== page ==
So we meet the sinner, the sinner that Jesus is going to save.  And this sinner is going to get the shock of his life.  And he's going to be the shock of the town, too.

Secondly, we meet the Savior in verse 5.  "And when Jesus came to the place," the place where he was sitting in the tree, the exact spot, "He looked up and said to him, 'Zacchaeus.'" I think if that were me at that moment, I'd have fallen out of the tree, landed on my head and had to been taken to the hospital and been unconverted because Jesus would have kept going.  He said his name.  This is a reminder that the Son of Man knows who He's seeking.  It reminds me of Nathanael in John 1 and Nathanael said, "How do You know me?"  And He says, "I knew you before you ever showed up."  He knows His own.  He never expected to catch the eyes of Jesus.  He never ever dreamed that Jesus would know him.  But He does.  And He says, "Zacchaeus, hurry and come down, for today I must stay at your house."

Whoa!  The first stunner must have been the eye contact.  The second stunner: "Zacchaeus."  The third one, "Hurry and come down. I'm coming to your house to stay."  The jolt to that poor little Jew's system must have been beyond description.  But it was an irresistible call, an irresistible call because verse 6 says, "And he hurried and came down and received Him gladly."

Now I just need to kind of take this part a little bit for you for a minute.  "Hurry and come down," that's an imperative, calls for immediate action, no delay.  Why?  "For today." Listen, God not only knows who He will save, He knows when He will save and where He will save.  "Today is the day of your salvation. Today I must stay at your house." Well who said?  Who determined that?  This is what we call the divine necessity, a little particle dei in the Greek, d-e-i transliterated in English, dei. It's used throughout Luke for divine necessity or “it must be,” “it is necessary.” This is divine necessity. It is predetermined before the foundation of the world, if you will, that this is the day that I come to your house.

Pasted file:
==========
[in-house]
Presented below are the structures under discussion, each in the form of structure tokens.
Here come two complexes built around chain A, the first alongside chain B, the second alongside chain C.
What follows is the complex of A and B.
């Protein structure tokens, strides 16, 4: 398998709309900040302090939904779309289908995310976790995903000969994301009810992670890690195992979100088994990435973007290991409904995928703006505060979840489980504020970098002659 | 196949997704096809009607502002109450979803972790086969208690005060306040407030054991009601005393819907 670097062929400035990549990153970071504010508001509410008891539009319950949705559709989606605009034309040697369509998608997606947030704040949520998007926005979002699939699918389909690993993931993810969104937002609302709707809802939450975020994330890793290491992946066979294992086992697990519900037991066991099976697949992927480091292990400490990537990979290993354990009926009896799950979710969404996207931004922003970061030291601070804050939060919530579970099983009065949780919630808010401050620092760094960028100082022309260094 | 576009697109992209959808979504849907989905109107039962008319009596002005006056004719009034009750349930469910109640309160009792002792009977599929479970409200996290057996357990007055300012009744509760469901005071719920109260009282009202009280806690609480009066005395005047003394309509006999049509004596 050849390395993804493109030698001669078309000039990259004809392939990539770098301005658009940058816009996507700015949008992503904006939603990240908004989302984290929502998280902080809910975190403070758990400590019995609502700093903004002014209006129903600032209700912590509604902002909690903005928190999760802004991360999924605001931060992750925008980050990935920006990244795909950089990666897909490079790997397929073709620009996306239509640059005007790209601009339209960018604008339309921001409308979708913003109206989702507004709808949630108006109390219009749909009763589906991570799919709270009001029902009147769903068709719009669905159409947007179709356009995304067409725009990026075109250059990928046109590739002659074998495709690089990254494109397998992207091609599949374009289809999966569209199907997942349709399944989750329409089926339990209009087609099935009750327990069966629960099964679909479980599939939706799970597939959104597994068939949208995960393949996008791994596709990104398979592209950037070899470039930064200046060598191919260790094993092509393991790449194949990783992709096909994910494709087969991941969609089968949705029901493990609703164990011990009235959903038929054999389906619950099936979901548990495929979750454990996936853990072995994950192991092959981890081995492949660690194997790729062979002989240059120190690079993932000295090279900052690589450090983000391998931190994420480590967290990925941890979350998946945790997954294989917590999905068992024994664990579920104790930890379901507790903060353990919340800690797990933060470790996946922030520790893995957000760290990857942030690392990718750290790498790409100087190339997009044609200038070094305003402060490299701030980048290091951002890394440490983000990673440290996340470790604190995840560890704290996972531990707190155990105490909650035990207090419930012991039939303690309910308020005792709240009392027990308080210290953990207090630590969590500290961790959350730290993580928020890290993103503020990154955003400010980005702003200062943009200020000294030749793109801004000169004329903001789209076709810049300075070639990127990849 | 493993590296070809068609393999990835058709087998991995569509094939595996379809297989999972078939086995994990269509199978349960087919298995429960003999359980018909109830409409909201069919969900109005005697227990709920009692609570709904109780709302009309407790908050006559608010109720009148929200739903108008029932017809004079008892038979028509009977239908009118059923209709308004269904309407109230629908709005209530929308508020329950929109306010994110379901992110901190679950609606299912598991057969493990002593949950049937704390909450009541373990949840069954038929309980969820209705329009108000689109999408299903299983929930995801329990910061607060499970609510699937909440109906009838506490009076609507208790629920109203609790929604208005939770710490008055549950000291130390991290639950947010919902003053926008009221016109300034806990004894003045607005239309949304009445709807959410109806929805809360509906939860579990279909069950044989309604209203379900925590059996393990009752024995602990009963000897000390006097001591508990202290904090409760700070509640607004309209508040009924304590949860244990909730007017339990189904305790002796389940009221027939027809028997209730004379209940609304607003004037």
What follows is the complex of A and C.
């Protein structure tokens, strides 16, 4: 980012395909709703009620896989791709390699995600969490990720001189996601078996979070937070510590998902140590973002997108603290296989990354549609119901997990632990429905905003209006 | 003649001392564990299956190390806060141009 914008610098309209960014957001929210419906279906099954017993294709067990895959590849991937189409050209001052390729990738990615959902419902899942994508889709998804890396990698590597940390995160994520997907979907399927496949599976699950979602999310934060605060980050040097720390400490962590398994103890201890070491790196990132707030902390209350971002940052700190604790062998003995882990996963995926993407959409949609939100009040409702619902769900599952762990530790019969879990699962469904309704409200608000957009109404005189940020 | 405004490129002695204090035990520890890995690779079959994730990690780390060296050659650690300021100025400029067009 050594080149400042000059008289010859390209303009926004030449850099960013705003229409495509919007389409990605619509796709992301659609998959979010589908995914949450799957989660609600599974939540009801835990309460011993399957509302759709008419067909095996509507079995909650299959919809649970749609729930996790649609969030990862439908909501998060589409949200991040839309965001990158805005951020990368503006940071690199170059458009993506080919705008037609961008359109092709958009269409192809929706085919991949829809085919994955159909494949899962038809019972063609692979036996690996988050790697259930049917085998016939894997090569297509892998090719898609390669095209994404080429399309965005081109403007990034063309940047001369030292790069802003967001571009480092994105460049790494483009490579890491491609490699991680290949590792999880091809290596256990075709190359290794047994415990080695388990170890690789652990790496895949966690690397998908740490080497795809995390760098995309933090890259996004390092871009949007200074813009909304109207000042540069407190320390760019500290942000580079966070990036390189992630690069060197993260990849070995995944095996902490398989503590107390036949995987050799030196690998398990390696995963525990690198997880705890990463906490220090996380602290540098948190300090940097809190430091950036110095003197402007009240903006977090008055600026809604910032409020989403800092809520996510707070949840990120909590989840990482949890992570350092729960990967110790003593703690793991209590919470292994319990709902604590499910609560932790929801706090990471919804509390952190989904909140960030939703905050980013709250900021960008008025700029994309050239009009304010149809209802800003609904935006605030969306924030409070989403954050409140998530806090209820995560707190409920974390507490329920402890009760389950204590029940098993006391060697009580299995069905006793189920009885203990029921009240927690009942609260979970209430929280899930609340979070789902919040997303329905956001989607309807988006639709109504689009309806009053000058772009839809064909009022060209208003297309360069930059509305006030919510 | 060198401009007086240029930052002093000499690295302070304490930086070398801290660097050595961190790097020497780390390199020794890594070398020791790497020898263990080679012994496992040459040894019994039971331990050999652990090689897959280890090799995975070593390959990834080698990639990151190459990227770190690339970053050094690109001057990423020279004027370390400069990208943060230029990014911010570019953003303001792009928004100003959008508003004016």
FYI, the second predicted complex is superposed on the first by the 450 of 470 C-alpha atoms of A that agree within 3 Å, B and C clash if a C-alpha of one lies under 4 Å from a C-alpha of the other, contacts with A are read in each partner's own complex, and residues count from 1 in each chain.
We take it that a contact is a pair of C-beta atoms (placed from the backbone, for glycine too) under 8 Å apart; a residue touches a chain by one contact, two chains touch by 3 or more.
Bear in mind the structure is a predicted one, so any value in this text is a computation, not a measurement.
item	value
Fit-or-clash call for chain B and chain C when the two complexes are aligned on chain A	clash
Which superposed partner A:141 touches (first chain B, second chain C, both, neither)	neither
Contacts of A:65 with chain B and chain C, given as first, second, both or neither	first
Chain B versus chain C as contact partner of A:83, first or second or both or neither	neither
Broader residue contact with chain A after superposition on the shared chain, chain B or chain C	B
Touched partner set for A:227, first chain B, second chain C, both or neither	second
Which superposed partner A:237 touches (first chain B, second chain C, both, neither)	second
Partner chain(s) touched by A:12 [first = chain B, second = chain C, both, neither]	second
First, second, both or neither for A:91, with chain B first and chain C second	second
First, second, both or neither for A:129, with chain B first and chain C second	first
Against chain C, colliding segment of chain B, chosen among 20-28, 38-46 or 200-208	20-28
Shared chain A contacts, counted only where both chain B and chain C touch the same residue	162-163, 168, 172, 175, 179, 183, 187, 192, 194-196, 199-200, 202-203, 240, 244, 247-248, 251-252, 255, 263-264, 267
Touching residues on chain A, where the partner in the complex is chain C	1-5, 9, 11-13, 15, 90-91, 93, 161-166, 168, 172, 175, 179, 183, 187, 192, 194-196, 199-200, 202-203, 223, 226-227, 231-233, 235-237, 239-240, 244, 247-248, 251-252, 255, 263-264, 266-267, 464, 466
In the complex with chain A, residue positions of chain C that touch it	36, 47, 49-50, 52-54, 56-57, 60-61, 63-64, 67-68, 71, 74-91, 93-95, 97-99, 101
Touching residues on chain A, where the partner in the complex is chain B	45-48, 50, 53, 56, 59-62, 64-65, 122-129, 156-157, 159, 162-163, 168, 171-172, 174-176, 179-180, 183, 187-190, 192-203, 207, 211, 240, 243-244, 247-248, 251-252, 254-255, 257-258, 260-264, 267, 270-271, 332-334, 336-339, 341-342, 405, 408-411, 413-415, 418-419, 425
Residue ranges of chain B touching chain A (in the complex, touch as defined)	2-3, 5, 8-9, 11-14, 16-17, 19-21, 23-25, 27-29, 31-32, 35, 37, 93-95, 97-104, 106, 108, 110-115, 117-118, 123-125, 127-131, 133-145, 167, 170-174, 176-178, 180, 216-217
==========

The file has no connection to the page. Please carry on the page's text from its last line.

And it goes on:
Wow.  "Today, I must stay at your house."  And that phrase, "stay at your house," indicates to spend the night.  I'm coming and I'm going to stay overnight.  This is not, by the way, a request and he didn't run a Bed and Breakfast.  This is a divine command.  Zacchaeus never could have anticipated anything like this because he knew he was a defiled person and no one who considered himself righteous or clean would ever come near him, let alone near his house, and worst of all, eat a meal with him, which was tantamount to affirmation and partnership.  Yes, Zacchaeus wanted to see who Jesus was, but far more than that, Jesus wanted to see Zacchaeus.  So in verse 6, he hurried, came down and received Him gladly.

It would have been the first time any righteous, clean, noble, respected person had come to his house.  And here is the Lord, like that father, throwing his arms around a stinking, prodigal son, kissing him all over the head and reconciling him and embracing him.  Of course he received Him gladly, profusely, because he was so overjoyed.  Contrast that with the crowd in verse 7 and you understand the difference between the heart of God and apostate first century Judaism.  "And when they saw it, they all said, 'Isn't it wonderful to see the grace of God toward a sinner.'" Oh, is that what it says?  Afraid not.  What it says is, "They all began to grumble." That is in the Greek an onomatopoetic word.  You remember what an onomatopoeia is?  It is a word whose meaning sounds like it.  The word is diagogguz, da-ga-da-goo-goo, diagogguz, rr-rr-rr-rr. It's a compound strong term.